The old witticism goes that a recession is when your mate is out of work and a depression is when you are.
Economists have a chronic failure to agree when it comes to the difference between a depression and a recession. Journalists like to define a recession as a fall in the GDP in two consecutive quarters, although most economists would regard this as simplistic.
Until the Great Depression between the two world wars, economists described any downturn as a depression. In the aftermath of the Great Depression, they began to describe smaller negative blips as a recession to distinguish them from that catastrophe.
Technically, most economists now agree that the end of a recession is marked by a rise in the GDP. By that definition, the UK is recovering with a rise of 0.5 per cent in the third quarter. It’s a very weak rise, however, and there’s nothing to rule out another sudden downturn. In fact, given the stagnation in the housing market and the virtual crash of the construction industry, it’s difficult to imagine that not happening.
Even the chancellor, George Osborne, has admitted that the risks of further recession are considerable. His worse case scenario is that the slow implosion of the euro will continue, taking the Eurozone into recession and dragging the UK down with it.
The Bank of England has warned of the risk of a second trough of recession and should that happen it’s likely that the recovery will be even slower and more difficult than this time around.
So could we be on the brink of a second Great Depression? Could the global economy even survive the mass poverty of the 1930s, with middle class families living in shanty towns and queuing at soup kitchens?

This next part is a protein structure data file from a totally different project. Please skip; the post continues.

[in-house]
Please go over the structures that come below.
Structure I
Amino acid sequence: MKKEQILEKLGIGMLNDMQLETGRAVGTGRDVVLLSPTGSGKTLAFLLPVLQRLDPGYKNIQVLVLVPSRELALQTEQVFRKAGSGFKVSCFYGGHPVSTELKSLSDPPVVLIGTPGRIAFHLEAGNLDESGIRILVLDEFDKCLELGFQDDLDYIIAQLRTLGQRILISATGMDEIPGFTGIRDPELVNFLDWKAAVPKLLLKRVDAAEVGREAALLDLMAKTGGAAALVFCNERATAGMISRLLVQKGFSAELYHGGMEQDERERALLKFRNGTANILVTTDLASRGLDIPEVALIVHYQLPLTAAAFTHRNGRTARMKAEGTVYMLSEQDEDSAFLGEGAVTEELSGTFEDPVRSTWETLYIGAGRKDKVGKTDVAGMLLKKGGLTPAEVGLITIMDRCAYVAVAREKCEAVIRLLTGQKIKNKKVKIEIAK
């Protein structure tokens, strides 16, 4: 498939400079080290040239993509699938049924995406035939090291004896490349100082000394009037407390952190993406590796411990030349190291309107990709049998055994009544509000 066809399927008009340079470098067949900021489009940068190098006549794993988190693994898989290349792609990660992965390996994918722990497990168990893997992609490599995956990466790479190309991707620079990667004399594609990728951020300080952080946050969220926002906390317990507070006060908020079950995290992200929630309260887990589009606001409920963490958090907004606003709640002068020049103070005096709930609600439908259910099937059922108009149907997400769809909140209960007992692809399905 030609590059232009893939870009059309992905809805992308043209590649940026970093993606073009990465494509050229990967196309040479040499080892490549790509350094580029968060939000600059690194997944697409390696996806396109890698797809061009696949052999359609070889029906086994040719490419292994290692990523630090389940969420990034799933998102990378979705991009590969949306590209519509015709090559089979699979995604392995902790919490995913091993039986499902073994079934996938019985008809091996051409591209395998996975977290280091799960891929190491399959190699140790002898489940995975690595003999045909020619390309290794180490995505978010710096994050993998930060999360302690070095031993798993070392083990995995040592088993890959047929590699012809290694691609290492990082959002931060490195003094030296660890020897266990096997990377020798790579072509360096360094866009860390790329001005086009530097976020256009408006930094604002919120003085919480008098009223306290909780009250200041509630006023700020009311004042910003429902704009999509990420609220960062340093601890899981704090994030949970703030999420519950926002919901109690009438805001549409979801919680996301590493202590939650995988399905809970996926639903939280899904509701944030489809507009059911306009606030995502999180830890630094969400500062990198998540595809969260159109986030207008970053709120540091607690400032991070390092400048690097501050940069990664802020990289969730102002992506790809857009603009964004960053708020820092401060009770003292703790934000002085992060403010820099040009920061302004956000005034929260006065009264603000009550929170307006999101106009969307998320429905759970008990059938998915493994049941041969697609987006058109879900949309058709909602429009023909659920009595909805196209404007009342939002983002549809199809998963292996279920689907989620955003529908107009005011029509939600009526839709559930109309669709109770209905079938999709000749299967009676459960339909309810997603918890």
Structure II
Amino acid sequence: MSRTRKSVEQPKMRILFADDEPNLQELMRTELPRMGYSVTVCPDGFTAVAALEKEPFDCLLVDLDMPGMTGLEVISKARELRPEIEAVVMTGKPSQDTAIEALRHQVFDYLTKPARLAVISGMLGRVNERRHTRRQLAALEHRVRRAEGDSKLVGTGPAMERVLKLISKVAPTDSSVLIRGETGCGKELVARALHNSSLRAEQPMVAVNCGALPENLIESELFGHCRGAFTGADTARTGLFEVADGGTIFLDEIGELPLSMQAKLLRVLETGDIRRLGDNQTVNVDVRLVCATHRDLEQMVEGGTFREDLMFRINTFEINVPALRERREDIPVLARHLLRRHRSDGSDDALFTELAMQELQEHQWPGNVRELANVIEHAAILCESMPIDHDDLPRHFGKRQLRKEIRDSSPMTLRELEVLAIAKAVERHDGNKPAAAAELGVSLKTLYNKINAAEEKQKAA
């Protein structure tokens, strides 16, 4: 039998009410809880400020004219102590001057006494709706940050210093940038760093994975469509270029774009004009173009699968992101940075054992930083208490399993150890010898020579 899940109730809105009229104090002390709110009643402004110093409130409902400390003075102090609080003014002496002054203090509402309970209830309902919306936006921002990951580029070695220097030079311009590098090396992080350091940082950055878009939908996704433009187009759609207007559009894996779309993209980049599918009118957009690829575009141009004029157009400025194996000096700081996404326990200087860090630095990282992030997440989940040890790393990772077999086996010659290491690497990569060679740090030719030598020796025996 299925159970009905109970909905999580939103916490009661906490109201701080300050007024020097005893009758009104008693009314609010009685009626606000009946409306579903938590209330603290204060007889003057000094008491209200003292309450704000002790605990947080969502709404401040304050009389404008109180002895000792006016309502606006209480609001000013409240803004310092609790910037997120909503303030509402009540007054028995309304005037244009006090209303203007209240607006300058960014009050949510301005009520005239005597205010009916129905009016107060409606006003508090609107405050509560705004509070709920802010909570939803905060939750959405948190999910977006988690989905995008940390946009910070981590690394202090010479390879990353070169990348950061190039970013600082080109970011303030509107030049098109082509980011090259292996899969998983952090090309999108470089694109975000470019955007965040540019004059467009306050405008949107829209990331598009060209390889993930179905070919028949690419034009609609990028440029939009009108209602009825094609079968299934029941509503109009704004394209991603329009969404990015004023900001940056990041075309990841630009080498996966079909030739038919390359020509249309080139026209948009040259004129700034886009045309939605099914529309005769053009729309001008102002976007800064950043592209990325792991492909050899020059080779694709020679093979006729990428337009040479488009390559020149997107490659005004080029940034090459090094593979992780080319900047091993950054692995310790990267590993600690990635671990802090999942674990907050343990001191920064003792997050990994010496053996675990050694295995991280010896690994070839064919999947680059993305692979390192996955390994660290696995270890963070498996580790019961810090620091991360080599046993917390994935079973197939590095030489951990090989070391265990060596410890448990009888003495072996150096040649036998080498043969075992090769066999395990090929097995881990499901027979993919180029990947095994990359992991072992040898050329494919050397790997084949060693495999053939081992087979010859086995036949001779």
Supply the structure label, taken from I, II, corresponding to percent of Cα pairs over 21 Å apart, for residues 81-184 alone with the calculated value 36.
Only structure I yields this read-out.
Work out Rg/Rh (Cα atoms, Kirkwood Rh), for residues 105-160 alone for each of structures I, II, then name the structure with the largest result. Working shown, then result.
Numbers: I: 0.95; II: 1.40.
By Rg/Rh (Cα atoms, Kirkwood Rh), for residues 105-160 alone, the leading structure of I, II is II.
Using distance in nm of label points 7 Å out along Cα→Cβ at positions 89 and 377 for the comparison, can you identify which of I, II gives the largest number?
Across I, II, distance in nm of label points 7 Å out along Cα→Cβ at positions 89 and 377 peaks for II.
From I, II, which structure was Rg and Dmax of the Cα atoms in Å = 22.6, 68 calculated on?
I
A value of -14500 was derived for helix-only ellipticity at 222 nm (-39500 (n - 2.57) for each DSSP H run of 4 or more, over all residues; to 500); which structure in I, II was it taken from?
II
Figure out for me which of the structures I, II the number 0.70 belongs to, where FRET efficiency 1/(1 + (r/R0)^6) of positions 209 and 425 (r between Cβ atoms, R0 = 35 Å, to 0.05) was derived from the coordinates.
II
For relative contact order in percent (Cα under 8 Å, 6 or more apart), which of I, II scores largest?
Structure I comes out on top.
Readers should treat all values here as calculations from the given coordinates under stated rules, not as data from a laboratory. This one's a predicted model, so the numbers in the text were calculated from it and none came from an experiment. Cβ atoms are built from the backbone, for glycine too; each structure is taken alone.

The Institute for Public Policy Research has warned that the economy cannot return to the levels seen three years ago for at least another five years.
The drop in the UK’s GDP at present stands at 7.1%. This is still 2.9% short of the 10% generally seen as the hallmark of a depression. You might like, however, to take this definition with a grain of salt in the face of the drop of only 8% which preceded the 1930s crash.
Economic commentator Martin Wolf is in no doubt on the subject, saying that the country is passing through what will be its longest and most damaging depression in more than a century. Compared to early downturns, says Wolf, this one is notable for the frightening weakness of the recovery phase.
With the bleak prospects for the near future outlined by most pundits, it doesn’t seem to matter much whether this is a recession or a depression. What is clear is that the days of conspicuous consumption are numbered, that the retail and construction industries are probably changed forever and that for industries and individuals who can’t adapt to new conditions, the future – whether or not it’s a depression – is certainly going to be depressing.